March 23, 2017: Ear and Hearing
https://www.readbyqxmd.com/read/28334346/directional-asymmetries-in-vowel-perception-of-adult-nonnative-listeners-do-not-change-over-time-with-language-experience
#8
Buddhamas Pralle Kriengwatana, Paola Escudero
Purpose: This study tested an assumption of the Natural Referent Vowel (Polka & Bohn, 2011) framework, namely, that directional asymmetries in adult vowel perception can be influenced by language experience. Method: Data from participants reported in Escudero and Williams (2014) were analyzed. Spanish participants categorized the Dutch vowels /aː/ and /ɑ/ in 2 separate sessions: before and after vowel distributional training. Sessions were 12 months apart. Categorization was assessed using the XAB task, where on each trial participants heard 3 sounds sequentially (first X, then A, then B) and had to decide whether X was more similar to A or B...
March 23, 2017: Journal of Speech, Language, and Hearing Research: JSLHR
https://www.readbyqxmd.com/read/28326992/thai-rate-varied-vowel-length-perception-and-the-impact-of-musical-experience
#9
Angela Cooper, Yue Wang, Richard Ashley
Musical experience has been demonstrated to play a significant role in the perception of non-native speech contrasts. The present study examined whether or not musical experience facilitated the normalization of speaking rate in the perception of non-native phonemic vowel length contrasts. Native English musicians and non-musicians (as well as native Thai control listeners) completed identification and AX (same-different) discrimination tasks with Thai vowels contrasting in phonemic length at three speaking rates...
March 2017: Language and Speech
https://www.readbyqxmd.com/read/28326988/discrimination-and-identification-of-a-third-formant-frequency-cue-to-place-of-articulation-by-young-children-and-adults
#10
Kelly Richardson, Joan E Sussman
Typically-developing children, 4 to 6 years of age, and adults participated in discrimination and identification speech perception tasks using a synthetic consonant-vowel continuum ranging from /da/ to /ga/. The seven-step synthetic /da/-/ga/ continuum was created by adjusting the first 40 ms of the third formant frequency transition. For the discrimination task, listeners participated in a Change/No-Change paradigm with four different stimuli compared to the endpoint-1 /da/ token. For the identification task, listeners labeled each token along the /da/-/ga/ continuum as either "DA" or "GA...
March 2017: Language and Speech
https://www.readbyqxmd.com/read/28281035/acoustic-context-alters-vowel-categorization-in-perception-of-noise-vocoded-speech
#11
Christian E Stilp
Normal-hearing listeners' speech perception is widely influenced by spectral contrast effects (SCEs), where perception of a given sound is biased away from stable spectral properties of preceding sounds. Despite this influence, it is not clear how these contrast effects affect speech perception for cochlear implant (CI) users whose spectral resolution is notoriously poor. This knowledge is important for understanding how CIs might better encode key spectral properties of the listening environment. Here, SCEs were measured in normal-hearing listeners using noise-vocoded speech to simulate poor spectral resolution...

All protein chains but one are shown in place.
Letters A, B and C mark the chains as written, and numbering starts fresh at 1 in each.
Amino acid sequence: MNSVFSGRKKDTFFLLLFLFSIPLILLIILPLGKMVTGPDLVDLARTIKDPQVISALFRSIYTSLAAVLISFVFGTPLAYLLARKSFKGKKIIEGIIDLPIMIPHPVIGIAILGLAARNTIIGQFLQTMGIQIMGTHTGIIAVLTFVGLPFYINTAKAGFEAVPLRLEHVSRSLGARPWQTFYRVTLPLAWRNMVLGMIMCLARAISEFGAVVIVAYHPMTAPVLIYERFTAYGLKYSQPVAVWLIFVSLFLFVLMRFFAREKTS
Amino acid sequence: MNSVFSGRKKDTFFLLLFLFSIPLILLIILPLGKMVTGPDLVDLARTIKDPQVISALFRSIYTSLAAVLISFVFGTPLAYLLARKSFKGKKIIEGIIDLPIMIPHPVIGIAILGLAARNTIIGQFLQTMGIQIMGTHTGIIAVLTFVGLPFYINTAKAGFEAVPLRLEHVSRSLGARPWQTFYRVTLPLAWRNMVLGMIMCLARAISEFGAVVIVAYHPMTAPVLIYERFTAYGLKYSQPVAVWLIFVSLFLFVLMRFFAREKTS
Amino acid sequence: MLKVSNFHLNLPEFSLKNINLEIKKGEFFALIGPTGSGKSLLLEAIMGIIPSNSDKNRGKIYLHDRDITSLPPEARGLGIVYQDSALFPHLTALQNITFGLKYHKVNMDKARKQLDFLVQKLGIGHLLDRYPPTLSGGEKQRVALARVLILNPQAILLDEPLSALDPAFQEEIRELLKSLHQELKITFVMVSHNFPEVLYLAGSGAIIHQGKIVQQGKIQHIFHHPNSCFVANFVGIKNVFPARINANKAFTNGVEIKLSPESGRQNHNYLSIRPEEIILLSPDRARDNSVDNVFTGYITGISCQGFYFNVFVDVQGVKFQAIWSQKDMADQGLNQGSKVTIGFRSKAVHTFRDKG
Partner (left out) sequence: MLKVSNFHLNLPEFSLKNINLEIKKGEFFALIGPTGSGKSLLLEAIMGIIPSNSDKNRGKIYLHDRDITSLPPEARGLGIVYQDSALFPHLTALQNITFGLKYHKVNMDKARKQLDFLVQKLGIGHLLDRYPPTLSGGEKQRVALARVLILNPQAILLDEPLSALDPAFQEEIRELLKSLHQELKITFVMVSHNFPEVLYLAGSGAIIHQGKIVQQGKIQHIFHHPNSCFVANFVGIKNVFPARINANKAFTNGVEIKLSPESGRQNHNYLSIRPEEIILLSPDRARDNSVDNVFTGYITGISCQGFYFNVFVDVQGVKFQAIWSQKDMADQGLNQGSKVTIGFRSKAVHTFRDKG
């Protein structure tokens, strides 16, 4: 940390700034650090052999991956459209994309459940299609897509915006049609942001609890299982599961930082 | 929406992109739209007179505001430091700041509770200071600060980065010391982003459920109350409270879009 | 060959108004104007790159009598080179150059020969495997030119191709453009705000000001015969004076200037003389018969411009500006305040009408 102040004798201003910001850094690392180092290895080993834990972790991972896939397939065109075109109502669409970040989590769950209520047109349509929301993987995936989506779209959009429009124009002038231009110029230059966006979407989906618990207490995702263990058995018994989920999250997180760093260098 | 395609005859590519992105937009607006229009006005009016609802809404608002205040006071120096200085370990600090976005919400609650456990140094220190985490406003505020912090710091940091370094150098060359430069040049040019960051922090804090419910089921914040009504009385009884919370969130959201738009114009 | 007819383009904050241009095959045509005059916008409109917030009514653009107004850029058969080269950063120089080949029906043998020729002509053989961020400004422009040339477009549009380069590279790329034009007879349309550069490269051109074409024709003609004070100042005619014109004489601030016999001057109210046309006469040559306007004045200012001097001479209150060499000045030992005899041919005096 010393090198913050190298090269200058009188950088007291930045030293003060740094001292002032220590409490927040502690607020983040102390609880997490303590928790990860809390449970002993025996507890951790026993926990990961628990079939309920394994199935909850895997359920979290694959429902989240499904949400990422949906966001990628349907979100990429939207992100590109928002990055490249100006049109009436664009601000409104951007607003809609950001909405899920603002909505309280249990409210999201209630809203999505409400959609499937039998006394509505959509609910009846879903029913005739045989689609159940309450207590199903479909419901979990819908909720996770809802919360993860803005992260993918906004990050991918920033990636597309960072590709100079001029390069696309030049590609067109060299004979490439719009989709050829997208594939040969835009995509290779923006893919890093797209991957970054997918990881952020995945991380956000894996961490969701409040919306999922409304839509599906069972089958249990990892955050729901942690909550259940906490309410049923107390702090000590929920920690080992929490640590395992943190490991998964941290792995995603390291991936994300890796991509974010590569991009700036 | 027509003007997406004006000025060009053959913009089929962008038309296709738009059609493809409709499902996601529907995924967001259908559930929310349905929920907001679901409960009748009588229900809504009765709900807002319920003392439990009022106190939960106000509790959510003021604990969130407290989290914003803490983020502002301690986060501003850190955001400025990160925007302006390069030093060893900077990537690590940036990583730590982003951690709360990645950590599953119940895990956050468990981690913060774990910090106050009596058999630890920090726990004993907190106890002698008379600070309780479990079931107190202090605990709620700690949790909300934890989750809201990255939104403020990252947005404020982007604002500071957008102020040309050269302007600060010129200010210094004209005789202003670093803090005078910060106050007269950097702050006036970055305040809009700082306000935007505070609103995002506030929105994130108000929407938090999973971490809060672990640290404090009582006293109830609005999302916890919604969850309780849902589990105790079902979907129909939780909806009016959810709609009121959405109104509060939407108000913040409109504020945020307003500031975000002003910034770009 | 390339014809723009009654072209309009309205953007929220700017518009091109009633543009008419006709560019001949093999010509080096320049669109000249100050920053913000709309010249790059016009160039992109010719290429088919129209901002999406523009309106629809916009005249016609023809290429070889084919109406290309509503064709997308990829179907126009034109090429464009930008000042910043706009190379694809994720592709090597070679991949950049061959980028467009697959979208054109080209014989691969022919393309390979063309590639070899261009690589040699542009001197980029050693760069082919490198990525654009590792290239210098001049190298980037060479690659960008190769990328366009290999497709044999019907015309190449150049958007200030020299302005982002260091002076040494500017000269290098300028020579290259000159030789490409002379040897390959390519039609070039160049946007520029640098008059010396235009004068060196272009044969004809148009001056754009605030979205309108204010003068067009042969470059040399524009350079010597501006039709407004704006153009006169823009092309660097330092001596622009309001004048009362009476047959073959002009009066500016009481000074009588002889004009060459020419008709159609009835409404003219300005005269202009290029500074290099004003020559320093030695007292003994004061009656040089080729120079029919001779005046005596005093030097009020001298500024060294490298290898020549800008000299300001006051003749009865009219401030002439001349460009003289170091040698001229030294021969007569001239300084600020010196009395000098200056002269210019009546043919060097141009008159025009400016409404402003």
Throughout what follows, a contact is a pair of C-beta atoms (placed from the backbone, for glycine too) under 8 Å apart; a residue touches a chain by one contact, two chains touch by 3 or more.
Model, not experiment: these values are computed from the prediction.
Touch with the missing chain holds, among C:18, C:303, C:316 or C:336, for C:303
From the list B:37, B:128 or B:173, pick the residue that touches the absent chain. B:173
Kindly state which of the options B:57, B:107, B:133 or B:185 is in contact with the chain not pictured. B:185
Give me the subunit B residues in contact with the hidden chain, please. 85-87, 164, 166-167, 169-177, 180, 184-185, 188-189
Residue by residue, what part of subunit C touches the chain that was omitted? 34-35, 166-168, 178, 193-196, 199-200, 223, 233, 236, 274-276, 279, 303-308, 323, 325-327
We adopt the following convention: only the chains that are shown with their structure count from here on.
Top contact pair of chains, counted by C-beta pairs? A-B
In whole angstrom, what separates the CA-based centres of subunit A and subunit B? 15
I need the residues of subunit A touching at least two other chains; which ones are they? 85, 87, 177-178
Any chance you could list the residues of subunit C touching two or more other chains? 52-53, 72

March 9, 2017: Journal of the Association for Research in Otolaryngology: JARO
https://www.readbyqxmd.com/read/28268130/curbing-the-metallic-mode-in-between-an-empirical-study-qualifying-and-categorizing-restrained-sounds-known-as-curbing-based-on-audio-perception-laryngostroboscopic-imaging-acoustics-ltas-and-egg
#12
Mathias Aaen Thuesen, Julian McGlashan, Cathrine Sadolin
OBJECTIVES: This study aims to study the categorization Curbing from the pedagogical method Complete Vocal Technique as a reduced metallic mode compared with the full metallic modes Overdrive and Edge by means of audio perception, laryngostroboscopic imaging, acoustics, long-term average spectrum (LTAS), and electroglottography (EGG). METHODS: Twenty singers were recorded singing sustained vowels in a restrained character known as Curbing. Two studies were performed: (1) laryngostroboscopic examination using a videonasoendoscopic camera system and the Laryngostrobe program; and (2) simultaneous recording of EGG and acoustic signals using Speech Studio...
March 3, 2017: Journal of Voice: Official Journal of the Voice Foundation
https://www.readbyqxmd.com/read/28267801/t-complex-measures-in-bilingual-spanish-english-and-turkish-german-children-and-monolingual-peers
#13
Tanja Rinker, Valerie L Shafer, Markus Kiefer, Nancy Vidal, Yan H Yu
BACKGROUND: Lateral temporal neural measures (Na and T-complex Ta and Tb) of the auditory evoked potential (AEP) index maturation of auditory/speech processing. These measures are also sensitive to language experience in adults. This paper examined neural responses to a vowel sound at temporal electrodes in four- to five-year-old Spanish-English bilinguals and English monolinguals and in five- to six-year-old Turkish-German bilinguals and German monolinguals. The goal was to determine whether obligatory AEPs at temporal electrode sites were modulated by language experience...
2017: PloS One
https://www.readbyqxmd.com/read/28253707/simultaneous-and-forward-masking-of-vowels-and-stop-consonants-effects-of-age-hearing-loss-and-spectral-shaping
#14
Daniel Fogerty, William J Bologna, Jayne B Ahlstrom, Judy R Dubno
Fluctuating noise, common in everyday environments, has the potential to mask acoustic cues important for speech recognition. This study examined the extent to which acoustic cues for perception of vowels and stop consonants differ in their susceptibility to simultaneous and forward masking. Younger normal-hearing, older normal-hearing, and older hearing-impaired adults identified initial and final consonants or vowels in noise-masked syllables that had been spectrally shaped. The amount of shaping was determined by subjects' audiometric thresholds...